Following off the tease from the pre-Combine mock draft, I wanted to look at how a fan from a rival team views our Houston Texans. For a decade, the Indianapolis Colts have owned the AFC South - seven of nine all-time division titles and a 42-10 division record. Even in a down season, Indianapolis won the division, so how does a blogger of the division's best franchise view the Houston Texans? For that answer, we turn to Joe Baker.
Who is Joe Baker? Joe Baker's a writer for the fantastic Colts blog: 18to88.com (part of the Bloguin network where our friends at Texans Tribune reside). Like myself, Baker's outed himself as a major draft addict. He does a pretty good job of educating himself on prospects and team needs by putting in the leg work with research, tape watching, and asking fans their thoughts and opinions. I praise him now, but will that praise continue when we breakdown his mock?
For his mock, Mr. Baker is going two rounds. You can see his full two round mock here, but what we care about are his Houston picks. Without further adieu, the web page belongs to 18to88's Joe Baker...
11. Houston (6-10) Akeem Ayers, OLB, UCLA
The Texans need safety help and a real option at NT badly, unfortunately there are no great prospects at either spot. If the Texans stay in this spot Ayers makes a lot of sense opposite Conner Barwin, next to Ryans and Cushing as his extensive experience at OLB gives the Texans far more flexibility and a better contrast to the pass rushing Barwin than any of the prospects converting from DE.
42. Houston (6-10) Phil Taylor, NT, Baylor
Taylor reportedly "carried 337 lbs well" I'm not entirely sure how that's possible, but I assume it means he's got that 2-man-wide build at 6'3" 1/2 making him more massive than fat.
First, I have to applaud Baker for A) not taking the easy way out and sticking Houston with a cornerback and B) not using SB Nation Houston editor Rivers McCown's favorite draft reasoning that "Houston must take [Player X] because they must stop Peyton Manning." That shows more effort than many nationally known mockers put into their mocks.
Position wise, outside linebacker and nose tackle are becoming the favorites to mock into a deep steel blue jersey. It makes a lot of sense to have Houston bolster its front seven because A) Wade Phillips has shown a tendency to build from the front (lines) to the back (secondary) and B) Houston needs 3-4 parts. Do the players, who haven't been addressed here, work though?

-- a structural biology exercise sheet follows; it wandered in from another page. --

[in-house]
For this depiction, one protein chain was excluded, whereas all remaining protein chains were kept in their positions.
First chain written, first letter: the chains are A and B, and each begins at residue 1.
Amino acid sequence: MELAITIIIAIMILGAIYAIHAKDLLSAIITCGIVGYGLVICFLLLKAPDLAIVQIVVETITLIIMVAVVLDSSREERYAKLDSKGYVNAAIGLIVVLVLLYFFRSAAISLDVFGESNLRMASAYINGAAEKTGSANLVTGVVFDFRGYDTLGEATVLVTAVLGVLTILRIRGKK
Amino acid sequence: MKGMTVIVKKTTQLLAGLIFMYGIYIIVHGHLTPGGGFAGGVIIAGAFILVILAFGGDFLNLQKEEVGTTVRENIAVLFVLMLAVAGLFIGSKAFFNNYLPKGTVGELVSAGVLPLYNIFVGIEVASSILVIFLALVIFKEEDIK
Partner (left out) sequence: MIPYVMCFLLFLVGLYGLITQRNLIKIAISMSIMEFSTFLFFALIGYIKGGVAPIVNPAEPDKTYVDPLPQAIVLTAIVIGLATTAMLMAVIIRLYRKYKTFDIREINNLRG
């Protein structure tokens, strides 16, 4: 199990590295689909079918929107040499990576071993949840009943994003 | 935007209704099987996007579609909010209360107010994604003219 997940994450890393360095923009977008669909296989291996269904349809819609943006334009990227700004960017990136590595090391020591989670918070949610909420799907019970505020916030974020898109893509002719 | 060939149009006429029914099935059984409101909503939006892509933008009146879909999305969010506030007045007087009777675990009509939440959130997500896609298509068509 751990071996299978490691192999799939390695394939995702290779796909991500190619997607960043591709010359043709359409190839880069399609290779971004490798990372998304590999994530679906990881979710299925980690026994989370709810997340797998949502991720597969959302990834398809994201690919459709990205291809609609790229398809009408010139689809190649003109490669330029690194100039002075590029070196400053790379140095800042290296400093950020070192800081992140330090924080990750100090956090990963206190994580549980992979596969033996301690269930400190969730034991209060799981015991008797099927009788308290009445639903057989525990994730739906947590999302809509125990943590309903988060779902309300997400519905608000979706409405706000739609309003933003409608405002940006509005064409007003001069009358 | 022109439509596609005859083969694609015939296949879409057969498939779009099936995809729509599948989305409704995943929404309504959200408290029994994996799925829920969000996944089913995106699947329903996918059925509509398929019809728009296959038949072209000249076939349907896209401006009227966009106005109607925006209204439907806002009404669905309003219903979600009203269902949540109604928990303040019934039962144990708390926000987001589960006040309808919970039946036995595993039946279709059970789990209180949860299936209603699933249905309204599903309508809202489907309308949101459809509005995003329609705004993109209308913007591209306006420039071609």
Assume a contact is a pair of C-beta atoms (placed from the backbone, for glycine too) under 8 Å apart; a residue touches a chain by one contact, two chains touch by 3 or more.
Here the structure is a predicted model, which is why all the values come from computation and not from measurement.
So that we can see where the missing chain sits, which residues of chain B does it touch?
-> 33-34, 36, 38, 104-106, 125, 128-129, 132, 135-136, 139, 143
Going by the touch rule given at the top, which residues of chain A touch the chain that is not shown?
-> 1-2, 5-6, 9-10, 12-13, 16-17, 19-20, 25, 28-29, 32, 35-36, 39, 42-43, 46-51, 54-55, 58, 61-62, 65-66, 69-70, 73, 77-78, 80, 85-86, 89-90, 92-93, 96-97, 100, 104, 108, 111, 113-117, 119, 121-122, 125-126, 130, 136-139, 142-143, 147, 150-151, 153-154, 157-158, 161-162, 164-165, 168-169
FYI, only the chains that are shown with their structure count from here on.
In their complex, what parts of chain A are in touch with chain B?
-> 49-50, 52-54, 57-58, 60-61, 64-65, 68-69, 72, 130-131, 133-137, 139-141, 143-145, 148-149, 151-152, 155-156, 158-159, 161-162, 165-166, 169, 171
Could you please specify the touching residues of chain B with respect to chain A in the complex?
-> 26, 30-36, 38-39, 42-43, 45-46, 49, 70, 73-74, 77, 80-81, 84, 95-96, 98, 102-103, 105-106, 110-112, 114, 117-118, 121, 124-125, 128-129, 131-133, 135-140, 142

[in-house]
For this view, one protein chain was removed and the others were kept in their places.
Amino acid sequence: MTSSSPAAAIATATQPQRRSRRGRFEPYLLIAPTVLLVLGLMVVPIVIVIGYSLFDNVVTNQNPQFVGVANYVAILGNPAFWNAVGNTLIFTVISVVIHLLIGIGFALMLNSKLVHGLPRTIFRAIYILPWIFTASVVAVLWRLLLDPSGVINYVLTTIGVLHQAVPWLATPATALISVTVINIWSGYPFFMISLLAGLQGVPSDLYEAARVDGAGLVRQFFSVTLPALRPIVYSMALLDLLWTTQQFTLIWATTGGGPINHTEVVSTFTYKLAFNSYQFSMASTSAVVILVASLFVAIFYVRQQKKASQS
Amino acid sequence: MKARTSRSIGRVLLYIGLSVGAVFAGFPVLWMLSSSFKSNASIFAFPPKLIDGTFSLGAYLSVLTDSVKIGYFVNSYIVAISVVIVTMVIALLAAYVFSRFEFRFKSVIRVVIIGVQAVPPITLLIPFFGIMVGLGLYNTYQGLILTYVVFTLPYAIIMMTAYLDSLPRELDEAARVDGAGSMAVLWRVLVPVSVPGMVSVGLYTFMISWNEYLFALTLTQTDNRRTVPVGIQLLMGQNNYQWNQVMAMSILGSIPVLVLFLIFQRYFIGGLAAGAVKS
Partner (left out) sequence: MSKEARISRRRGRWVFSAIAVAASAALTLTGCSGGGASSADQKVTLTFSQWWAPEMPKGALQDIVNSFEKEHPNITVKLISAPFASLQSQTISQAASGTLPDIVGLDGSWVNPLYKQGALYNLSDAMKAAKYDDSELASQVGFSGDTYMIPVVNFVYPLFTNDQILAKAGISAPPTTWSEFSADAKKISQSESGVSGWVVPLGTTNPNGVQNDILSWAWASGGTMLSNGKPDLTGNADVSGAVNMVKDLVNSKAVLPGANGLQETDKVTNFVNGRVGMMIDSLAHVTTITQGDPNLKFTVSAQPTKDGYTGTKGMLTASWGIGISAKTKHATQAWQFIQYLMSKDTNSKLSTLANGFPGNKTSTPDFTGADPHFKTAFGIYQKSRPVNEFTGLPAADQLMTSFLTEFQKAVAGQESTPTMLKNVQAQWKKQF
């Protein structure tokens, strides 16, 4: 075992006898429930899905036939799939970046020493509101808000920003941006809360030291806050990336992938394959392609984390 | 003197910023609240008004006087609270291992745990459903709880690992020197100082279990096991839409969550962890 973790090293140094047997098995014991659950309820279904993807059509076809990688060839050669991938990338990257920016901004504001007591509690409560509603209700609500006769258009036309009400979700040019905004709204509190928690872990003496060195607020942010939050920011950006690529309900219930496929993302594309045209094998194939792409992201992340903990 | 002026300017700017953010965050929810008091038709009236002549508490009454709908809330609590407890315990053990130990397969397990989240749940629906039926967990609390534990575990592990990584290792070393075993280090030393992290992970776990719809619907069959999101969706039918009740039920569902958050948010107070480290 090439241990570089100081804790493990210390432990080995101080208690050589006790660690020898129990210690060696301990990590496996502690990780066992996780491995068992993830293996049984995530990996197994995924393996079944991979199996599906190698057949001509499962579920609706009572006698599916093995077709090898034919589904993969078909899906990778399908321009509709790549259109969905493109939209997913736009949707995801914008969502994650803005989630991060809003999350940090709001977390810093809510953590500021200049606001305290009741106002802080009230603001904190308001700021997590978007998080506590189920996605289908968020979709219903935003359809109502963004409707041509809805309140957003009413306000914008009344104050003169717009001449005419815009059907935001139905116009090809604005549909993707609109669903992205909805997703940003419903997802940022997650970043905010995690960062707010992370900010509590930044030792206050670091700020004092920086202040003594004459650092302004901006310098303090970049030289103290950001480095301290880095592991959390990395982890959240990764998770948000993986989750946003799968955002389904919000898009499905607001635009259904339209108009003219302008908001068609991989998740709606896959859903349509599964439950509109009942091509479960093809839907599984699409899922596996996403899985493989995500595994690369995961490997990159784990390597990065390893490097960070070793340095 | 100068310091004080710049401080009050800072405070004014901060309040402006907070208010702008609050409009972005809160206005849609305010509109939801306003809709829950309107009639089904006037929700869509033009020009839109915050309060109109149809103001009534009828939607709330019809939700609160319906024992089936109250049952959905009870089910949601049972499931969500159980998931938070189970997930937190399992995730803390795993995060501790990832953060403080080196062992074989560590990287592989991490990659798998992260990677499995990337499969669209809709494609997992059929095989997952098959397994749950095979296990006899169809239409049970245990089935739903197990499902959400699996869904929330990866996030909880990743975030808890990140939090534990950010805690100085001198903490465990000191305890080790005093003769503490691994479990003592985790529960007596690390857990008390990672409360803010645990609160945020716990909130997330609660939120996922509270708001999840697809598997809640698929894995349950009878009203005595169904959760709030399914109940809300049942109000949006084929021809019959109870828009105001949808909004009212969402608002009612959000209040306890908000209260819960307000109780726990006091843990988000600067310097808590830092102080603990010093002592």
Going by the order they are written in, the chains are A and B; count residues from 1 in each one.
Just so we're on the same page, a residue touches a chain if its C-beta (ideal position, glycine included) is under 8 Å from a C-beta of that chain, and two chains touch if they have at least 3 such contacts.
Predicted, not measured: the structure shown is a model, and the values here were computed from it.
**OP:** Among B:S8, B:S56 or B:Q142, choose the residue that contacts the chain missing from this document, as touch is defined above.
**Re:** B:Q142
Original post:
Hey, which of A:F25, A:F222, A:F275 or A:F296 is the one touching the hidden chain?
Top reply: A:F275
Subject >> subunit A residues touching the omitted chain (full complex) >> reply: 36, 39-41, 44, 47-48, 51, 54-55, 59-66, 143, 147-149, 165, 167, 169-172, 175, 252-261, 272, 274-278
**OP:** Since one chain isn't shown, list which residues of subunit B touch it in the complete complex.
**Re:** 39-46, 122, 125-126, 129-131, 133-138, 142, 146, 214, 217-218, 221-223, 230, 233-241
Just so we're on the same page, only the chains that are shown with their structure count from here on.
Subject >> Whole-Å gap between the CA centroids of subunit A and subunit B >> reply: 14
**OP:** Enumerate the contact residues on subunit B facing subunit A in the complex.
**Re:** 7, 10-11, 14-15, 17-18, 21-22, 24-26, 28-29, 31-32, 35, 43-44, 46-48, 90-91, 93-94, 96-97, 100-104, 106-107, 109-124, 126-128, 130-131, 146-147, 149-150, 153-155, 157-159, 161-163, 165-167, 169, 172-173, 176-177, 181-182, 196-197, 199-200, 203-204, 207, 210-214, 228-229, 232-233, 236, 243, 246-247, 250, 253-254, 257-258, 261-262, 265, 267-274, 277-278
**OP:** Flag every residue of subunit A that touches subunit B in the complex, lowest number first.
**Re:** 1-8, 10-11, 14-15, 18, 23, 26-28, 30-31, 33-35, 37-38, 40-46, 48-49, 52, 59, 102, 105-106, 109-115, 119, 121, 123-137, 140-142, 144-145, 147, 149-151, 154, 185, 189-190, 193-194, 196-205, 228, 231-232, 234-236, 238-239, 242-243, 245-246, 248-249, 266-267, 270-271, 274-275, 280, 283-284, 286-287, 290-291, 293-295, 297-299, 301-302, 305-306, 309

Ayers, the OLB from UCLA, sure made an impression on many Texas Longhorns fans when the Bruins visited Austin this past season. Find YouTube footage from one of his good games to see Ayers make plays in all phases of defense (pass rush, coverage, run defense). That said, there's other YouTube footage (like his game against Stanford) where you'll find the flaws in Ayers game: he doesn't hold the edge well against the run, he can be physically dominated by blockers, and he can be rather timid and not aggressive enough. He certainly has the talent and physical tools to be a top 10 players, but he also is maddening that there's a severe lack of consistency. I'm not entirely sure how I would feel about Ayers compared to an extremely raw Aldon Smith. Which flaw is the lesser of two evils? That may be the question fans need to ask themselves.
Taylor's a guy who was once dogged for being lazy. If you read the stories on him from his Penn State days to Baylor, you do see the picture of a guy who has slowly matured and improved his work ethic. At the Senior Bowl, Taylor was a physical beast who dominated the interior offensive linemen. At 6-3, 337 lbs., Taylor's a mountain of a man who can hold the point of attack to clog run lanes, shield inside linebackers from blockers, and collapse a pocket. The big question on Taylor is his endurance and stamina. The guy gasses out. He did it in the second half of many Baylor games, he did it in the latter stages of Senior Bowl practices, and the second half of said Senior Bowl. He's not going to be a full-time, three-down nose tackle. For the Texans, it may not mean as much if you rotate Taylor with Earl Mitchell, Amobi Okoye, and, probably, a fourth body in the middle for the three and four man fronts. However, there is still that question of value with a second round pick and if Taylor will give enough to justify the pick that could be used on a three-down player, like a defensive back.
This is what makes the mock a little harder to grade. These picks are perfect fit as far as need goes and both guys can, hypothetically, contribute right away - that is worth an A in that sense. However, these picks are riskier than the norm. Can Ayers be coached up and let loose? Will Taylor work on his endurance and give you enough impactful snaps? Player wise, I have to grade it as a B, and I'm being optimistic about it. They're good, I can rationalize the picks to where I like them, but there is still some doubt in my minds to A) their future and B) maximizing value. That's my take on it, but the comments are there for you to chime in with your takes on Ayers and Taylor.
Now, our focus begins to shift from Indianapolis Colts blogger to Indianapolis, Indiana - site of the 2011 NFL Scouting Combine.